To say it added spice to the encounter would be an understatement as things began to heat up.  The unlikely John Terry nearly opened the scoring, hitting the post with a long range drive and a long ball nearly undid the Chelsea skipper moments later as Beckford got the better of the defender but met an equal adversary in ‘keeper Cech.  Temperaments threated to boil over once again as Alex survived a second yellow after bringing down the increasingly dangerous Beckford who seemed to sense his chance was fast approaching.  Walton decided not to send the Brazilian down the same path as Coleman much to the disagreement of the home faithful; a blatantly apparent disapproval of this boomed from the stands as Alex was quickly withdrawn.

The game was in danger of becoming spiteful, with Everton feeling aggrieved for being one man down.  But David Moyes’ men should be condemned for the manner in which they carried on.  They showed the determination and the grit which has become the benchmark of any Moyes side, but perhaps more impressively was the way in which they sought the winning goal: with purpose and ambition.  It was from Chelsea attack that Everton were able to grab the decisive goal.

Intercepting the ball in his own penalty area would earn any striker praise among his peers and critics, but to then run the entire length of the pitch, beating no less than five opposing players and having the cool head to casually dink the ball over an internationally acclaimed ‘keeper was something else.  It was a spectacular goal that drew comparisons with Argentina’s Maradona and Messi, but perhaps more importantly it marked Beckford’s 10 goal of his debut Premier League season; proof that the 28 year old, who was playing League One football just 12 months ago, may have a place in this division after all.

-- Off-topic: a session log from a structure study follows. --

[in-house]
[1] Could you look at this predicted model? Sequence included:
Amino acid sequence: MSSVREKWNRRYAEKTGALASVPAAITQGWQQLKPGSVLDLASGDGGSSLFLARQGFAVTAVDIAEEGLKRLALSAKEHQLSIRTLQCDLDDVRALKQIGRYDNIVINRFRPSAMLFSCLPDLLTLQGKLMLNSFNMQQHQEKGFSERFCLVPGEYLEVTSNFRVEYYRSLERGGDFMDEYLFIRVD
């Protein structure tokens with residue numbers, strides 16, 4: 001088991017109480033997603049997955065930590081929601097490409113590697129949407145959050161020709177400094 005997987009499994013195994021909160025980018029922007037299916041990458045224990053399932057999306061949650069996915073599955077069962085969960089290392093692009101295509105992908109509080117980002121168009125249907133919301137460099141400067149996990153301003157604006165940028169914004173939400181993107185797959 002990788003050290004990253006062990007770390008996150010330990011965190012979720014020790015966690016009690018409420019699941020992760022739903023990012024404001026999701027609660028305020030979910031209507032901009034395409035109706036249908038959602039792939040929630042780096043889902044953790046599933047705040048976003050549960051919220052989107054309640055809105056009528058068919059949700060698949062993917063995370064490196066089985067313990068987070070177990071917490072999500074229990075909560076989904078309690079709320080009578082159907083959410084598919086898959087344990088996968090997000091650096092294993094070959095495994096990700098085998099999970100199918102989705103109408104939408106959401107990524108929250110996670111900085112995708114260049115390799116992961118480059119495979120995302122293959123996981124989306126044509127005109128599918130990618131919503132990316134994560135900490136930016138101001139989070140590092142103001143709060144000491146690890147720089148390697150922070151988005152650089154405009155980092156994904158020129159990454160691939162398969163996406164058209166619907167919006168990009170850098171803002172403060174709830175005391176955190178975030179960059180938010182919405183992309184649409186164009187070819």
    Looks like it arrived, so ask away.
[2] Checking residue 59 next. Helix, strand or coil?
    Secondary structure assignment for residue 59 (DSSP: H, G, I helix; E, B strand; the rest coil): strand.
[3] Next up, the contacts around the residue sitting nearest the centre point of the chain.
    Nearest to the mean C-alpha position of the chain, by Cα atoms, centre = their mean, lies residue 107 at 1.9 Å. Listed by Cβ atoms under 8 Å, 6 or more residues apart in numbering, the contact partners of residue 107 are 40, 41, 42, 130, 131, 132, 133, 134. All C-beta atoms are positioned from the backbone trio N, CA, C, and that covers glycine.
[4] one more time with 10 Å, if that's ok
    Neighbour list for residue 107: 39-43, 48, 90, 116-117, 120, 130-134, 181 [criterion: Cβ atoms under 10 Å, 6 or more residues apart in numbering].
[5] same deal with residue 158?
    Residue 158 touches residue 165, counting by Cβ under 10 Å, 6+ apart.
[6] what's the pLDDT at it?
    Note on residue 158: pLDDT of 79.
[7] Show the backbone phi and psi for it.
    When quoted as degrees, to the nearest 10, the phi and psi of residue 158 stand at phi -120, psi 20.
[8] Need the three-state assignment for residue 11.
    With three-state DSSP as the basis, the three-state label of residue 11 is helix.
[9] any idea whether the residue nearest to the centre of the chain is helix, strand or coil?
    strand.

The goal was owing much to Beckford’s pace and cool in front of goal, but it was also a goal crafted from sheer ambition- a trait that Moyes men have in abundance, especially when it comes to playing the top teams.  Over four meetings with Chelsea this season, they are unbeaten, winning twice while their last home game against Man City marked their eighth win in seven over the millionaires.

Sadly for Chelsea, there was anything but ambition coursing through the country’s second placed team.  A goal down with 15 minutes to play, they enjoyed much of the possession without carrying anything like a threat in front of goal.  The final whistle put an end to the lack of urgency on display from a Chelsea side happy to see the back of the 2010/11 season.  The Chelsea owners however could not have acted more swiftly in the announcement that Ancelotti’s tenure at Stamford Bridge is over.  I can’t see it taking them too long to find a replacement either.  A sad end to a disappointing campaign for Blues fans.

Were the Chelsea board right to sack Carlo Ancelotti?…Who would you hire as his replacement?…What went wrong on the pitch today at Goodison Park?…please leave your comments below…

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One Comment

  1. gary

    May 23, 2011 at 12:42 pm

    I did not want Carlo to go, but I’m relieved he’s gone. I think many feel the same. He was a nice guy, but an average leader. We say he won the double last season, but I think the team did. I think Carlo was simply handed the Premierships best team. But this season that team hit hard times, and Carlo was unable to lift it. Yet one feels that a Ferguson or a Mourinho would have. But here we are talking about the world’s best coaches; is that fair? Well, I think it’s what Abramovich wants. And so I think Roman must be careful who he chooses. He must go for someone who is world class. I don’t think we can say this about Van Basten, Zola, or Rijkaard.